"Carol died before we could finish Felicia’s Nose. In what neither of us knew would be her last chapter, she comes forward and speaks in her own voice for the first time. She shouts encouragement directly down to me, where I toil in cackling paranoia at the bottom of the final page. Carol’s thinking about all the strange and possibly happy directions our book will follow next, and she says, 'I can’t wait to see…'
"She didn’t wait. I’ll never know what she saw."
—Tom Bradley, annotator
"A dog-whistle palimpsest, a riddling box of questions left unfinished at the author's death, a Winchester Mystery House of a book with graffiti notes from an alternative Zoharistic universe and illustrations transcribed from the depths of Bohu-Tohu, Felicia's Nose is an experimental novel based on the 'call and response' of an arcane Blues: the eternally absent author unraveling a tale from the other side of life, and the very much alive Tom Bradley answering each movement of the planchette with a drum roll cursive freighted with sentiments worthy of Sabattai Zvei."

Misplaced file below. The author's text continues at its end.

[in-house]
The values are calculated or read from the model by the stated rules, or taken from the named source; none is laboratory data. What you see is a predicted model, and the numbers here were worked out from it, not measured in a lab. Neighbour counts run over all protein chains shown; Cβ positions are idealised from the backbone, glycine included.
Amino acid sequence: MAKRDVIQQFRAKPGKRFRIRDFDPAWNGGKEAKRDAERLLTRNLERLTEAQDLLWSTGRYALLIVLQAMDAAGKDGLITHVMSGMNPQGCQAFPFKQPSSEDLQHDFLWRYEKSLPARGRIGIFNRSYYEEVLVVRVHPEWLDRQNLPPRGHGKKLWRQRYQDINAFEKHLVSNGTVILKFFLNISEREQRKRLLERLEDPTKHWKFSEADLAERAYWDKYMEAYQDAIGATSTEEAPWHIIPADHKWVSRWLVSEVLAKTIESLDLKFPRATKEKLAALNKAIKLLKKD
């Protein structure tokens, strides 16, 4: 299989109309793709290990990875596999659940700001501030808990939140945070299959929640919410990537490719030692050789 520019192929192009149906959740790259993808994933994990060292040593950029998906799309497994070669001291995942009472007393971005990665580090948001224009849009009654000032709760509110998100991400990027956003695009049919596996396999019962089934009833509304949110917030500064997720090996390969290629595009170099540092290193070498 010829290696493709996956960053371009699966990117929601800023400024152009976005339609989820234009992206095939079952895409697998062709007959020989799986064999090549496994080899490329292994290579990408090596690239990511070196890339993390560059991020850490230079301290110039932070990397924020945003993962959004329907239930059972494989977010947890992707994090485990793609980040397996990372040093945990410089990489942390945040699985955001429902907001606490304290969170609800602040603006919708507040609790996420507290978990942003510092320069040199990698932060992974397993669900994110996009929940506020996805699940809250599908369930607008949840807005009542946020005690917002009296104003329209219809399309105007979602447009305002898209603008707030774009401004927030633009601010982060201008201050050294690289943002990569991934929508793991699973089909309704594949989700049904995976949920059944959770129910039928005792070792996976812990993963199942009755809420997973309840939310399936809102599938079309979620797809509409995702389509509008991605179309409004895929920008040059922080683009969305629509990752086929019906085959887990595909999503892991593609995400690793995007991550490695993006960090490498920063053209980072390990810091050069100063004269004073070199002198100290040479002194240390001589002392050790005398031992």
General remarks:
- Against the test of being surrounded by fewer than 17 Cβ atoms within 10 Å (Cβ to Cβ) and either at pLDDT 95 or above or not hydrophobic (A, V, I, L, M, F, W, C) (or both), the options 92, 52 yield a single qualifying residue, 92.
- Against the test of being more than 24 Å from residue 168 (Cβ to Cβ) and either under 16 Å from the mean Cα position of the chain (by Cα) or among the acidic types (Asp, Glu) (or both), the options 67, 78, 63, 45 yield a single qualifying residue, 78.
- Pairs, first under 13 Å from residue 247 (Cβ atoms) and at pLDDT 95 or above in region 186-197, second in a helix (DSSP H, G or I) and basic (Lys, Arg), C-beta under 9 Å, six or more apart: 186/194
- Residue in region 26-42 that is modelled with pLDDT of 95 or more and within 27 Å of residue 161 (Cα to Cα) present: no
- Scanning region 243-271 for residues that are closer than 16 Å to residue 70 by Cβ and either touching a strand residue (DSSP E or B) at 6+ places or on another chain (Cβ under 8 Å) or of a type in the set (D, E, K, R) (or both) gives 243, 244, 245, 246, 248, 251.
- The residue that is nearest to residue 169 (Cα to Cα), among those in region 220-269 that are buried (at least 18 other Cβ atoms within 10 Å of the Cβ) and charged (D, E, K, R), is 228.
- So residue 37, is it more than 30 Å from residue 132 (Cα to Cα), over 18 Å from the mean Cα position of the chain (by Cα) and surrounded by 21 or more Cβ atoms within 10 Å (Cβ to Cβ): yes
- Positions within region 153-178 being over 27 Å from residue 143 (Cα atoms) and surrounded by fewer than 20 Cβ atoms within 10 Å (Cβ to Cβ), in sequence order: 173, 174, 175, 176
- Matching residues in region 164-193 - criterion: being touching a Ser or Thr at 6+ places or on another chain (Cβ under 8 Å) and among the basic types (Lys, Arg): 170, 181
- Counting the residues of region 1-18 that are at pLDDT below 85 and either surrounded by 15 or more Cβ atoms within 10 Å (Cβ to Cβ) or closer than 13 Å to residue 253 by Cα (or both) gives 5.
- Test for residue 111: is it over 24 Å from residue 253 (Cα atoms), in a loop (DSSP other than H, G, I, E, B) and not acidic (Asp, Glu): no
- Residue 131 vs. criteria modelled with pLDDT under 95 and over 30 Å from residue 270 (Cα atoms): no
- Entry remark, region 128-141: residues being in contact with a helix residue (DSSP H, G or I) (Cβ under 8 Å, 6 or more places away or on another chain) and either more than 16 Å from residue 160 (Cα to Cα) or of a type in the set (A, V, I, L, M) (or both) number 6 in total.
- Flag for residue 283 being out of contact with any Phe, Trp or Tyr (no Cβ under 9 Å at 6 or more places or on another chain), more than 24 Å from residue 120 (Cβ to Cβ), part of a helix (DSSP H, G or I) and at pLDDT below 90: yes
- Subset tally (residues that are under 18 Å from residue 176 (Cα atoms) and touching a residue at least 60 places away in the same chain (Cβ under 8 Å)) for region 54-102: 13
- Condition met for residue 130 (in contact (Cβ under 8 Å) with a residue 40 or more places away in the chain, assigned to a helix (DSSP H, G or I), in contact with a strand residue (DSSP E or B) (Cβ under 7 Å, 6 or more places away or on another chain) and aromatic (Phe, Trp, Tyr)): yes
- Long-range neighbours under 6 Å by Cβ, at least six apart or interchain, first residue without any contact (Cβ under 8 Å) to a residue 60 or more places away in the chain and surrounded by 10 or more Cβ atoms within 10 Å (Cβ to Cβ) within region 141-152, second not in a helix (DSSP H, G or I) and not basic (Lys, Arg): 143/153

—Jesse Glass, author of Lost Poet
"My responsibility to the gods was
to write as I was inspired; my
responsibility to mankind was to
publish what I wrote. But it ended
there. As long as what I wrote was
technically accessible to the
public...my hands were clean."
--which is fitting, because this book is itself something of a saintly memoir. Read about Tom's teenage gig performing grotesquely on the harp at a geothermal spa, deep in the savage Utah desert. The place is run by a coven of polygamist Kali-worshipping tantric orgiasts who sell fake Crowleyana to rock star Jimmy Page.
Along the way, a journey is made in teen Tom's acid-addled mind to Germany's Stauffenberg Castle, where the Father of LSD conducts the World's First Planned Psychedelic Trip with Ernst Junger. A side-jaunt is taken to Enlightenment Vienna, where we cringe along with poor Mozart as he tries to teach a noble patron's daughter to play a substandard concerto--which just happens to be the highlight of Tom's repertoire.
The bomb baby was in Hiroshima, in utero, at the moment of the glamorous detonation. As a result of prenatal exposure to gamma rays, he is tiny and mentally deficient, but his physical vigor is unimpaired. Living on a makeshift raft on the river that runs through town, he only comes ashore to disrupt high-tone weddings at Hiroshima Cathedral. It's a hobby for him. He disappears soon after spoiling a Yakuza wedding. This doesn't sit well with the leading lights of the expatriate community, who've adopted the bomb baby as a mascot. They dispatch Sam Edwine, a reluctant and inefficient American slob, to search "Boom Town's" sordid and musty places, of which there is a wide assortment...
Brilliant evocative writing. Bizarre imagination let free - an enviable skill.
--Consuelo Roland, author of The Good Cemetery Guide
Cover art: © 2010 David Aronson www.alchemicalwedding.com